Jennifer Rubin’s Facile Immigration Reform Boosterism
As someone who is hopelessly noncommittal about comprehensive immigration reform (at bottom, I hate everybody: the cheap labor-hungry business class, La Raza, and the nativist right alike), I was shoved in the direction of the opposition by Jennifer Rubin’s platitudinous putdown of the “zero sum rightwing.”
Rubin begins with a half-cocked theory:
In some sense the argument goes back centuries to Adam Smith and the mercantilists. It is ironic that the voices on the right who claim to be pure conservatives evince views that the father of capitalism denounced.
Mercantilism is what we threw off by the American Revolution and what The Wealth of Nations replaced: Mercantilism is the ideology that nations must protect their wealth from infringement by other countries using techniques such as tariffs.
“Techniques such as tariffs”! “Techniques” that accounted for the vast majority of federal revenue well into the 19th century. “Techniques” that were championed by Abraham Lincoln and—let’s go ahead and call him the “father of American capitalism”—Alexander Hamilton.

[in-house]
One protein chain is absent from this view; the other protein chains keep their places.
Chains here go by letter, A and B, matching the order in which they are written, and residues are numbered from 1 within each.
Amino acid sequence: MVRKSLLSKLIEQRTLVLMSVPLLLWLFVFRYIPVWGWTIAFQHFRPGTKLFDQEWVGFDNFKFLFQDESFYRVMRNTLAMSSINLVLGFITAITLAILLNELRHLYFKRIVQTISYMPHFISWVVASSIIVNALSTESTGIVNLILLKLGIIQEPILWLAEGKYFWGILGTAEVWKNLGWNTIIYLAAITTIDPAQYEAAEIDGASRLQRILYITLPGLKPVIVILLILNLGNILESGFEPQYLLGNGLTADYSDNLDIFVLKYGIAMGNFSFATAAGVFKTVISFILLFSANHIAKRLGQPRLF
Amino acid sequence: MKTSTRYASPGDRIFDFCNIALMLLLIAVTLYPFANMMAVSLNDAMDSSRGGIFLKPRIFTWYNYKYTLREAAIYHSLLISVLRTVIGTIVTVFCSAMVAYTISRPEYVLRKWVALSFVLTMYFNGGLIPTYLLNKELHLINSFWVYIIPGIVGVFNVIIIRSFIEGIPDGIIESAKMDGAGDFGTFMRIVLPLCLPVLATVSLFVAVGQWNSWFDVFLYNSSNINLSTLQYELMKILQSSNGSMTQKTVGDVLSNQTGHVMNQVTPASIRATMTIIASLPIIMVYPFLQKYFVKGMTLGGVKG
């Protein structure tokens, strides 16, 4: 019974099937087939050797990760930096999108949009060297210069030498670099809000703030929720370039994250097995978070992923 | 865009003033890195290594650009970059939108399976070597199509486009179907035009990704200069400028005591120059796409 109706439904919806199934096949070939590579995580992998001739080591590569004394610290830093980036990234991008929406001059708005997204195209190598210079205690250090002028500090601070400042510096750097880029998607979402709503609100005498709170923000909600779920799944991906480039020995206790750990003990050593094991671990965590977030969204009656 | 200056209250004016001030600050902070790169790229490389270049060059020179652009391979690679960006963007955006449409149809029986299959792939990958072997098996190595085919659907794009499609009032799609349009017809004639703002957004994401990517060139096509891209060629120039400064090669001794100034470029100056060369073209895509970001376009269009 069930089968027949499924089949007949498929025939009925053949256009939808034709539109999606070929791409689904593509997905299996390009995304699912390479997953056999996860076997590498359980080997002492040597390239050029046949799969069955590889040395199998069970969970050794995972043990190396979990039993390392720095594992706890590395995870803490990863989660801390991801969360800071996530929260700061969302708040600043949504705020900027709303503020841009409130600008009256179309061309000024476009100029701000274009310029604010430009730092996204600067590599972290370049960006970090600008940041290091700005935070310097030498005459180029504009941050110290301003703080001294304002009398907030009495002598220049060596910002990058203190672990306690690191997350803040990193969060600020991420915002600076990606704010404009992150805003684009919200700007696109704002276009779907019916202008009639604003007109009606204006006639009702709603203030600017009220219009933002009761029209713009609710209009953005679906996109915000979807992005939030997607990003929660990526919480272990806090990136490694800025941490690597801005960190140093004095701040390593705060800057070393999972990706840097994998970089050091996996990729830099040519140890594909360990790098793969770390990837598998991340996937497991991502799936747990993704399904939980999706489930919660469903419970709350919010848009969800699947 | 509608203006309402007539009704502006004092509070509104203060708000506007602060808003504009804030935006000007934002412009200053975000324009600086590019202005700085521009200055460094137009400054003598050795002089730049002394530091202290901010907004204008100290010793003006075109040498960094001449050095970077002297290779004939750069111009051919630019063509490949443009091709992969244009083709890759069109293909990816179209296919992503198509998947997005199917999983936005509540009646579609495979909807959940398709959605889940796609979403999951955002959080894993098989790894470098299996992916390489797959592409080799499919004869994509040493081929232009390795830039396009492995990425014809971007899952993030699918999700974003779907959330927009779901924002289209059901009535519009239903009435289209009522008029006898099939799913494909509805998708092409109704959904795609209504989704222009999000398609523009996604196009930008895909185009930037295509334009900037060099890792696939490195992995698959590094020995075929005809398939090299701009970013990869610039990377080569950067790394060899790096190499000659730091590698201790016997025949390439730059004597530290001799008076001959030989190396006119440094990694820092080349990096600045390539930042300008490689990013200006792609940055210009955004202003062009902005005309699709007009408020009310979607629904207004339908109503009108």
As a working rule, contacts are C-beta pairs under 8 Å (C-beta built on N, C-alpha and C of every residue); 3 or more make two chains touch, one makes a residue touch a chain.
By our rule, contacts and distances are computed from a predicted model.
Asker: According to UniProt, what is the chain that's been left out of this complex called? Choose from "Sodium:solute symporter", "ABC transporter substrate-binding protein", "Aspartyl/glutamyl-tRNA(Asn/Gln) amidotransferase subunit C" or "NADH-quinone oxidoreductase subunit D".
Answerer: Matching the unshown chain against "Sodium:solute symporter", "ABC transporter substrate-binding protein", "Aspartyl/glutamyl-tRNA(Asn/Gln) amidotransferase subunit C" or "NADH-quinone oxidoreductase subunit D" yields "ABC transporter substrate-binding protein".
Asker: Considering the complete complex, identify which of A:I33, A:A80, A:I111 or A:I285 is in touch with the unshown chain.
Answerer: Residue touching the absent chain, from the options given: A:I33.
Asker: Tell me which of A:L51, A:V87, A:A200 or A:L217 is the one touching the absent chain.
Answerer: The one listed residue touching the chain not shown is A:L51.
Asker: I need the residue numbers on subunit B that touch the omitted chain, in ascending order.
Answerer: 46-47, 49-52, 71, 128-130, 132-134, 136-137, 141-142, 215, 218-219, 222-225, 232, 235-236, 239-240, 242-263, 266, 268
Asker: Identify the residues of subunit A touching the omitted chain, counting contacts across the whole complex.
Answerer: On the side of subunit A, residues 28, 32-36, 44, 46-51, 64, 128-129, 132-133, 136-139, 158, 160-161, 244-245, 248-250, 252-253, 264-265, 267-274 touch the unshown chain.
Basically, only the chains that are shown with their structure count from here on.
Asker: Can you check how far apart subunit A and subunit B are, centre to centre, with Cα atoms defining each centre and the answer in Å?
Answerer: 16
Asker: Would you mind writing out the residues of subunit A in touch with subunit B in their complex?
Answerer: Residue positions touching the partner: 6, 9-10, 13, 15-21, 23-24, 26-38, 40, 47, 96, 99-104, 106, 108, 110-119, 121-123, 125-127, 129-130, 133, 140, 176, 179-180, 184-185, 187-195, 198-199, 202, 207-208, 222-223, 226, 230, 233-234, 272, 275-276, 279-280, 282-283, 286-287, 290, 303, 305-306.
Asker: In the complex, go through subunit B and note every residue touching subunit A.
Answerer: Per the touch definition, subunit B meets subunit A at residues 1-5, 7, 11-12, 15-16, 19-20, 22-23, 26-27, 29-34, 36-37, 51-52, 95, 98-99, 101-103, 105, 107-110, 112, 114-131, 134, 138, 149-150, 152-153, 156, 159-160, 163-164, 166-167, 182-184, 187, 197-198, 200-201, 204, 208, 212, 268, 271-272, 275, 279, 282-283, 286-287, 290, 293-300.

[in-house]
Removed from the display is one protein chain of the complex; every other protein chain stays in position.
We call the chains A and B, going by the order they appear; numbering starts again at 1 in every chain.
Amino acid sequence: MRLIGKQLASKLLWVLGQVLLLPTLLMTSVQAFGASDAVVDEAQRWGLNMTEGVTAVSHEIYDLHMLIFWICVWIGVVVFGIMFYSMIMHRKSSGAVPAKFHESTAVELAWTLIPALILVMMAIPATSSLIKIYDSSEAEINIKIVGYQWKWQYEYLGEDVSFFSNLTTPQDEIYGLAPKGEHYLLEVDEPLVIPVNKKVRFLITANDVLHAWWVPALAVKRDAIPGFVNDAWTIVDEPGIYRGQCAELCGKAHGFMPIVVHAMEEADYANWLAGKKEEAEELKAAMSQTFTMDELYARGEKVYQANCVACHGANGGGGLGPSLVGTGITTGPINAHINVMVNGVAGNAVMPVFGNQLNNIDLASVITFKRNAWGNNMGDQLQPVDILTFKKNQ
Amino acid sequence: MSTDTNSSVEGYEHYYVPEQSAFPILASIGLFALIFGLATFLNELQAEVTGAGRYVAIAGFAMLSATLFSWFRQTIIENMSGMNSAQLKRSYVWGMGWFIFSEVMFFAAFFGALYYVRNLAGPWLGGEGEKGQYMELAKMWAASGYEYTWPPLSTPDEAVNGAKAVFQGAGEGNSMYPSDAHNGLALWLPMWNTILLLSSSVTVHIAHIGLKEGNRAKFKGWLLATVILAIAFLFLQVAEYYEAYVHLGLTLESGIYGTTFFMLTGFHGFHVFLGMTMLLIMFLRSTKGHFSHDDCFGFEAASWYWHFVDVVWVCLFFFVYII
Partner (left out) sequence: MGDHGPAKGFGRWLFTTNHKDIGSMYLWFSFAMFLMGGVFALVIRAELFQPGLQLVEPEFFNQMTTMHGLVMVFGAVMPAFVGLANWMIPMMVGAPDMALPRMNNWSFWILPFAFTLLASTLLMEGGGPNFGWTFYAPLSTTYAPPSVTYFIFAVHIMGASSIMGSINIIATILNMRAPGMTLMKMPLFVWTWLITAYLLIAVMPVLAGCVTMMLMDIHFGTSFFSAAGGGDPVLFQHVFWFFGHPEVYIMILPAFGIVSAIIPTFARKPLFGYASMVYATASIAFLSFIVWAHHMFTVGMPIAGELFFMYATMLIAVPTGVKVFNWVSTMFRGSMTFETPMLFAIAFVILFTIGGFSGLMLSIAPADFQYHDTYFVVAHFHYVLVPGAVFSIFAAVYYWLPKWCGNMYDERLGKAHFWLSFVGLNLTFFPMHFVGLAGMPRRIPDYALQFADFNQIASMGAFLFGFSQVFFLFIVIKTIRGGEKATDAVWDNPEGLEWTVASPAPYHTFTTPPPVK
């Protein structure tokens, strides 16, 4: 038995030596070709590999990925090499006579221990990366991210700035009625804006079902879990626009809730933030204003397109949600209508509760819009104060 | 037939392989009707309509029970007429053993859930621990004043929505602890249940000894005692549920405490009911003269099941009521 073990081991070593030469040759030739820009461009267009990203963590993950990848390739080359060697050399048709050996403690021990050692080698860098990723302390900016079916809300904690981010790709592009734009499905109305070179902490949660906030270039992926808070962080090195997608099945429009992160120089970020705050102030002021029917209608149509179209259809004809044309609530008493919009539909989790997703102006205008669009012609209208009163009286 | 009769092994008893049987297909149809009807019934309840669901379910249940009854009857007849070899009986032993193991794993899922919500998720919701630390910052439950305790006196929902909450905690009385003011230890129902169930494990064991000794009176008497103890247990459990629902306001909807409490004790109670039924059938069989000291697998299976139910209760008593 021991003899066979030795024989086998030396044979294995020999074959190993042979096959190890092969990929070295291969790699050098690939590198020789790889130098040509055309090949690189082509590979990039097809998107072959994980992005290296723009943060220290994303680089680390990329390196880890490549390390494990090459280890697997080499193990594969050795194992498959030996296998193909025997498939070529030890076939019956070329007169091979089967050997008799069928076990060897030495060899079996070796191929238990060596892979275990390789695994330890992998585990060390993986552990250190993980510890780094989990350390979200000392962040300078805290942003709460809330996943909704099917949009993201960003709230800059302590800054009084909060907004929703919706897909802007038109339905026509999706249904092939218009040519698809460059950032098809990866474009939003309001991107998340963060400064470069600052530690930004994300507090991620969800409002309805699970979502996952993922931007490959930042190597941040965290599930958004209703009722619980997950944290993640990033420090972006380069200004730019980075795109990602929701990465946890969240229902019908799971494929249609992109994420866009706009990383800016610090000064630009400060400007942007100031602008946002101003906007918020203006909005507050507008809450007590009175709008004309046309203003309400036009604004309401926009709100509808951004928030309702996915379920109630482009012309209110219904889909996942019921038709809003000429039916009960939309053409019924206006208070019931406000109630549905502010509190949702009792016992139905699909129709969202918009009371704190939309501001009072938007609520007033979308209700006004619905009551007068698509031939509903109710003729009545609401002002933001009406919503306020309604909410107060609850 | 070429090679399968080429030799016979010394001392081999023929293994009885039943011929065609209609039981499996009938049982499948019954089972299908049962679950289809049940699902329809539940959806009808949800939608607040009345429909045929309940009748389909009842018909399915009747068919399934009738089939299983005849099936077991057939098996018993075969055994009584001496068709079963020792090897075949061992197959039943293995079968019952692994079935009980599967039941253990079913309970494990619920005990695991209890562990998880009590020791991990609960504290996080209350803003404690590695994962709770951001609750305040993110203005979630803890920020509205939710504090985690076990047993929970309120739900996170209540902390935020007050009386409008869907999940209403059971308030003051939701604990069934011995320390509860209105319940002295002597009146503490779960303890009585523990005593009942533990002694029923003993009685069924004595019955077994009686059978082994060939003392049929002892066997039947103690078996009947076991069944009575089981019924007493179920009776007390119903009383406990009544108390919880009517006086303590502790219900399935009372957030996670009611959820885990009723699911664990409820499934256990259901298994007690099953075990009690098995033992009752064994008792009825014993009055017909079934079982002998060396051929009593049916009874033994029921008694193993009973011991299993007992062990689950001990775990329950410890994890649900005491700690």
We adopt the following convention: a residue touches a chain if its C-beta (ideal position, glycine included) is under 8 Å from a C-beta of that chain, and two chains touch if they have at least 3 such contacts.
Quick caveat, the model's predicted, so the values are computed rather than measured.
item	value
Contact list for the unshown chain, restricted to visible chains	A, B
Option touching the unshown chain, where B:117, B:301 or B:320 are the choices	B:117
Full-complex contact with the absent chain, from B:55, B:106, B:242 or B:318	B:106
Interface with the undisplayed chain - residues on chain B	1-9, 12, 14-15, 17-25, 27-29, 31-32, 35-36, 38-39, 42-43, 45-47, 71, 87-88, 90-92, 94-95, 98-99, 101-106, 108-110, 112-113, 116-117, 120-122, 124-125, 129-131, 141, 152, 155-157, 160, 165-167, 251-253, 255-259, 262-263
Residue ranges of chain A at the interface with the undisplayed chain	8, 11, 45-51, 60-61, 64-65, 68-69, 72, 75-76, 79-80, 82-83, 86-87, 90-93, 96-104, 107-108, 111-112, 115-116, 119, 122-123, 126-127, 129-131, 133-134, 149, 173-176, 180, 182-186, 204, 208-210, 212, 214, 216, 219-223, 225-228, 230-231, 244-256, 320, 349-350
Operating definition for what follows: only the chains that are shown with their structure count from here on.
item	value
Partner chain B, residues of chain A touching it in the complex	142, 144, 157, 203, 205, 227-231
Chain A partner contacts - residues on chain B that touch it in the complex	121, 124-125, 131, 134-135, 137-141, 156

After this auspicious warmup, Rubin then farms out her blog post to Cato’s Alex Nowrasteh, “who tells me the analogy is correct” (thank God for that!). Later she argues: “anti-immigration voices who decry Big Labor and minimum wage (not to mention ‘living wage’) proposals for setting labor rates too high (and thereby contributing to unemployment) don’t seem to understand that immigration restriction does the same thing.”
This is another illustration of ideological android reasoning: human beings are widgets, and all policy disputes are basically math problems. Reality, as David Frum explains here, isn’t so neat and clean:
Whatever else you say about the U.S. economy of the 21st century, it cannot be described as suffering from labor shortages.
Yet however little workers earn, there is always somebody who wishes they earned even less. And for those somebodies, the solution is: Import more cheap labor. But not just any cheap labor—cheap labor that cannot quit, that cannot accept a better offer, that cannot complain.
Dating to the Bush-era attempt at legally integrating the country’s 11 million undocumented workers, I’ve been tepidly in favor of codifying the inevitable: we’re not going to boot them out of here, so we might as well solve the problem. But the facile boosterism of the likes of Jennifer Rubin isn’t helping. At all.